Her (2013)
Laurence Anyways (2012)
Melancholia (2011)
The Great Beauty (2013)
Frances Ha (2012)
Blue Is the Warmest Color (2013)
The Tree of Life (2011)
Gravity (2013)
Weekend (2011)
The Grandmaster (2013)
The Grand Budapest Hotel (2014)
Nebraska (2013)
Life of Pi (2012)
Elena (2011)
Only God Forgives (2013)
Spring Breakers (2012)
Stoker (2013)
Post Tenebras Lux (2012)
Inside Llewyn Davis (2013)
The Master (2012)
Ida (2013)
Oh Boy/A Coffee in Berlin (2012)
Upstream Color (2013)
Pina (2011)
Only Lovers Left Alive (2013)

Read related posts: The Most Expensive Movie Props
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For further reading:

The Importance of Great Teachers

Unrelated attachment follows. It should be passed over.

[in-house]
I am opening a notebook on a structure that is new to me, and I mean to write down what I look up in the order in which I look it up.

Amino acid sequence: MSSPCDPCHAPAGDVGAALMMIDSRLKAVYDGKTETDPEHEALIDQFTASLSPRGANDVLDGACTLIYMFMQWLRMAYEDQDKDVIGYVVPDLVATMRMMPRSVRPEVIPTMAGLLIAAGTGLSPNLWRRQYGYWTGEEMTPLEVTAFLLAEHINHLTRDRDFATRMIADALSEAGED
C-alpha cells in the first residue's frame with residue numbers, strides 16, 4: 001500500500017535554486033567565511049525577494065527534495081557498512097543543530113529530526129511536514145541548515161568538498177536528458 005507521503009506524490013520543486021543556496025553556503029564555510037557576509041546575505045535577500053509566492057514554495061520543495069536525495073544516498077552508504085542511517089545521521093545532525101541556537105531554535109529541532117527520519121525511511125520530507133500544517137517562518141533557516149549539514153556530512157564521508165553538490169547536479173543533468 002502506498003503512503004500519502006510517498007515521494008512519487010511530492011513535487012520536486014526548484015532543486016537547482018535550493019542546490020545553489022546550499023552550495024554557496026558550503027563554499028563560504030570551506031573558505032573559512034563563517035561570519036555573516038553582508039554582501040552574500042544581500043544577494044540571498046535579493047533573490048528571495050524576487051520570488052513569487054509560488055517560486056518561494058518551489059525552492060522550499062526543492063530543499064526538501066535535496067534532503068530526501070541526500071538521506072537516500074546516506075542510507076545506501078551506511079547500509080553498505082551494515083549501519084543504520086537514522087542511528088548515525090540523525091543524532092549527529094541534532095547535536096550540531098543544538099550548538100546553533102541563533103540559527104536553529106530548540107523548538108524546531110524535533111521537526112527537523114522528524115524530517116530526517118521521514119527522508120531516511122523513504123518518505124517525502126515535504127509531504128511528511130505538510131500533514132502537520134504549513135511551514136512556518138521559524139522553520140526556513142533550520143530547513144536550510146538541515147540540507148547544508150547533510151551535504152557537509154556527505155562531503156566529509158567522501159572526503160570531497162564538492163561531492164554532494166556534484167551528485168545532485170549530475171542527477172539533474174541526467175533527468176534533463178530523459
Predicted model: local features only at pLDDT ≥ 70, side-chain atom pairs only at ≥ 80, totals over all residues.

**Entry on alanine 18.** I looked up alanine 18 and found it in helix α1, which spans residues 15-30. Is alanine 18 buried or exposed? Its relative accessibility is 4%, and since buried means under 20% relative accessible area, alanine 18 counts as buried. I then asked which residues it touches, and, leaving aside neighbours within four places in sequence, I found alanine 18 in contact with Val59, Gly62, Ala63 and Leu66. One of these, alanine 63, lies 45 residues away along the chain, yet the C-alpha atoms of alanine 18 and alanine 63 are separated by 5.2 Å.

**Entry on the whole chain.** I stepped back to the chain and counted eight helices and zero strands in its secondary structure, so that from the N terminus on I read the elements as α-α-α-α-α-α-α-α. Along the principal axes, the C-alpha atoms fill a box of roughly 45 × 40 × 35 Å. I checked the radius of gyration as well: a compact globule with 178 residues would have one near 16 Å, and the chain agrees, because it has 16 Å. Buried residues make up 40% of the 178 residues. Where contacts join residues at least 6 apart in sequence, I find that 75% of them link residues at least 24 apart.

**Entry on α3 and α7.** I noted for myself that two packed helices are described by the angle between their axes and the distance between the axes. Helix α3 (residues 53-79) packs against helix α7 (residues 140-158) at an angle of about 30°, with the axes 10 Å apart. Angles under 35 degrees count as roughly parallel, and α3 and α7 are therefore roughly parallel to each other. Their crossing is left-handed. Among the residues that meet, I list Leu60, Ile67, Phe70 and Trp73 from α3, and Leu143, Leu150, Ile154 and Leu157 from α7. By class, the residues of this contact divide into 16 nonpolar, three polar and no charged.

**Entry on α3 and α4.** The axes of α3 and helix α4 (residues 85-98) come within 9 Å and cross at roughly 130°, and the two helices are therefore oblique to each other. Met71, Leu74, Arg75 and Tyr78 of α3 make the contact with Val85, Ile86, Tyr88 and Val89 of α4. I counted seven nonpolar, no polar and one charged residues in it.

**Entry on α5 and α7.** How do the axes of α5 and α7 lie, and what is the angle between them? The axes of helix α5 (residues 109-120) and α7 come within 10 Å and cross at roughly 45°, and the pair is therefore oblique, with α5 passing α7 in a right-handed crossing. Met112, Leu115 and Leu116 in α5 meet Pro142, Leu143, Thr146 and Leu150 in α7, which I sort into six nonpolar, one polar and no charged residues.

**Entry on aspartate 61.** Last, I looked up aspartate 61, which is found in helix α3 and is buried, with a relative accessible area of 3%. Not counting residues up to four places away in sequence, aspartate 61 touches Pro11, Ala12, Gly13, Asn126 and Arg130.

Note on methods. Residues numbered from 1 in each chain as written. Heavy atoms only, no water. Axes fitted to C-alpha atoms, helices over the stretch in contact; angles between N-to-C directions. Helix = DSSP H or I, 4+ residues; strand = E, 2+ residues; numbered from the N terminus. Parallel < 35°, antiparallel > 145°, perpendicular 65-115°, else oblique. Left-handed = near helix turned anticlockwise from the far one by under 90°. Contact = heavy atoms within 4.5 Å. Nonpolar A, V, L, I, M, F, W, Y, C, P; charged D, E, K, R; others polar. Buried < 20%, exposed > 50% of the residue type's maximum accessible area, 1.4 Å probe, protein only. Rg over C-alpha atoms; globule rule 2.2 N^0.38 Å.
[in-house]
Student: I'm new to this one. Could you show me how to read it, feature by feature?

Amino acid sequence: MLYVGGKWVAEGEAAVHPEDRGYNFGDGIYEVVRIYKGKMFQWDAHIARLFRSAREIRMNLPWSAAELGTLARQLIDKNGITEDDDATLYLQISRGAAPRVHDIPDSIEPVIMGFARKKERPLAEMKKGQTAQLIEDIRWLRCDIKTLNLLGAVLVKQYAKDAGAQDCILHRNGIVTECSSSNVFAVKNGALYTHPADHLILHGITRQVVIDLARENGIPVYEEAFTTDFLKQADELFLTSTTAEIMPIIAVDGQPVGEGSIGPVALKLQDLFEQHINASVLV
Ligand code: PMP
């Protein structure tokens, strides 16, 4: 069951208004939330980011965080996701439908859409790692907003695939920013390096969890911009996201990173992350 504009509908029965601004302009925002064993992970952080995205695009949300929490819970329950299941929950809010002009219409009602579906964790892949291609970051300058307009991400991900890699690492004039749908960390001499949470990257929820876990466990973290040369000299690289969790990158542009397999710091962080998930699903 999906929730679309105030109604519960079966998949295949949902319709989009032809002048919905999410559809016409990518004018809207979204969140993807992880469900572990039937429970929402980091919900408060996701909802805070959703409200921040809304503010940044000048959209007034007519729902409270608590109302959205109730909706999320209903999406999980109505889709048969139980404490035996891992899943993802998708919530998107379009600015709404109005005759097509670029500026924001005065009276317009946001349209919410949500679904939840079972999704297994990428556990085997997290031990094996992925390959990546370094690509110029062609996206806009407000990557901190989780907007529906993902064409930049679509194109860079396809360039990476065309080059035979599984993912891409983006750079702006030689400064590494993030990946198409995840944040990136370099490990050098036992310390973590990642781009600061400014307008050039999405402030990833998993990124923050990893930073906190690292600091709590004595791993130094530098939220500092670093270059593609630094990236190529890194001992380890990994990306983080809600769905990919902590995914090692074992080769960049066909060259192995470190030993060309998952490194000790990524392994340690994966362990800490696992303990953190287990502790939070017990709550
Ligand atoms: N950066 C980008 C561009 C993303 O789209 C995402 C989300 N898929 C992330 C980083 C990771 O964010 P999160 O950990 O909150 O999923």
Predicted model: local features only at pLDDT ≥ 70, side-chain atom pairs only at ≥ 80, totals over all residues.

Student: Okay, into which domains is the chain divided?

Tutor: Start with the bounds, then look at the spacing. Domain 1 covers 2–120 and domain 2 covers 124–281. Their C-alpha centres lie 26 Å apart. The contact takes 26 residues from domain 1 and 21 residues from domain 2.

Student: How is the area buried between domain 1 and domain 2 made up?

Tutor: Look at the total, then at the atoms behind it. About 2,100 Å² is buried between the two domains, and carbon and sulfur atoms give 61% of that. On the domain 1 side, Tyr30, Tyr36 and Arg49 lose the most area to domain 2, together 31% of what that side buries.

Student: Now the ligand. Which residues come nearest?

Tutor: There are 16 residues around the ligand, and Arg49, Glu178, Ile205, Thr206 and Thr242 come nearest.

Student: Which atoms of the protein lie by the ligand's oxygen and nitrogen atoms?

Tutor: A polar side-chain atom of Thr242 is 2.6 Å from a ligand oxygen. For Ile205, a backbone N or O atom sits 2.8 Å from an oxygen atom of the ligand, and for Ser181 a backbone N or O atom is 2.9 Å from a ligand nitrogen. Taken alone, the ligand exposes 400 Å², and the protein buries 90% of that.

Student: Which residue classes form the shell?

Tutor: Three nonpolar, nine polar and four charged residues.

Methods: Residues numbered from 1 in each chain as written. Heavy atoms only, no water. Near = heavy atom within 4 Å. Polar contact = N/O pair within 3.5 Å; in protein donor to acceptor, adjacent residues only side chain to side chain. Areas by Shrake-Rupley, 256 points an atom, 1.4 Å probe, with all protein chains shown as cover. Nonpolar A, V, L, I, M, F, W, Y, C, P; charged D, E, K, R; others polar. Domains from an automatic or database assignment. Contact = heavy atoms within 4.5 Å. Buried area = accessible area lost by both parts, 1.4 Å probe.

atkins bookshelf quotationsA great teacher has little external history to record. His life goes over into other lives. These men are pillars in the intimate structure of our schools. They are more essential than its stones or beams, and they will continue to be a kindling force and a revealing power in our lives.

The tribute on an engraved plaque given to William Hundert, a beloved classics teacher, by his grateful students who are now adults. The scene appears in the film, The Emperor’s Club (2002) written by Neil Tolkin (based on short story The Palace Thief  by Ethan Canin) and directed by Michael Hoffman.

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Deke’s Poem from 11.22.63: We Did Not Ask for This Room or This Music

atkins bookshelf quotationsThe scene: the dimly-lit interior of a high school gym decorated for a formal dinner to honor the former librarian of Jodie High School, Sadie Dunhill (now 80 years old), who is being honored as “Texas Woman of the Year.” The room is packed with former students and colleagues.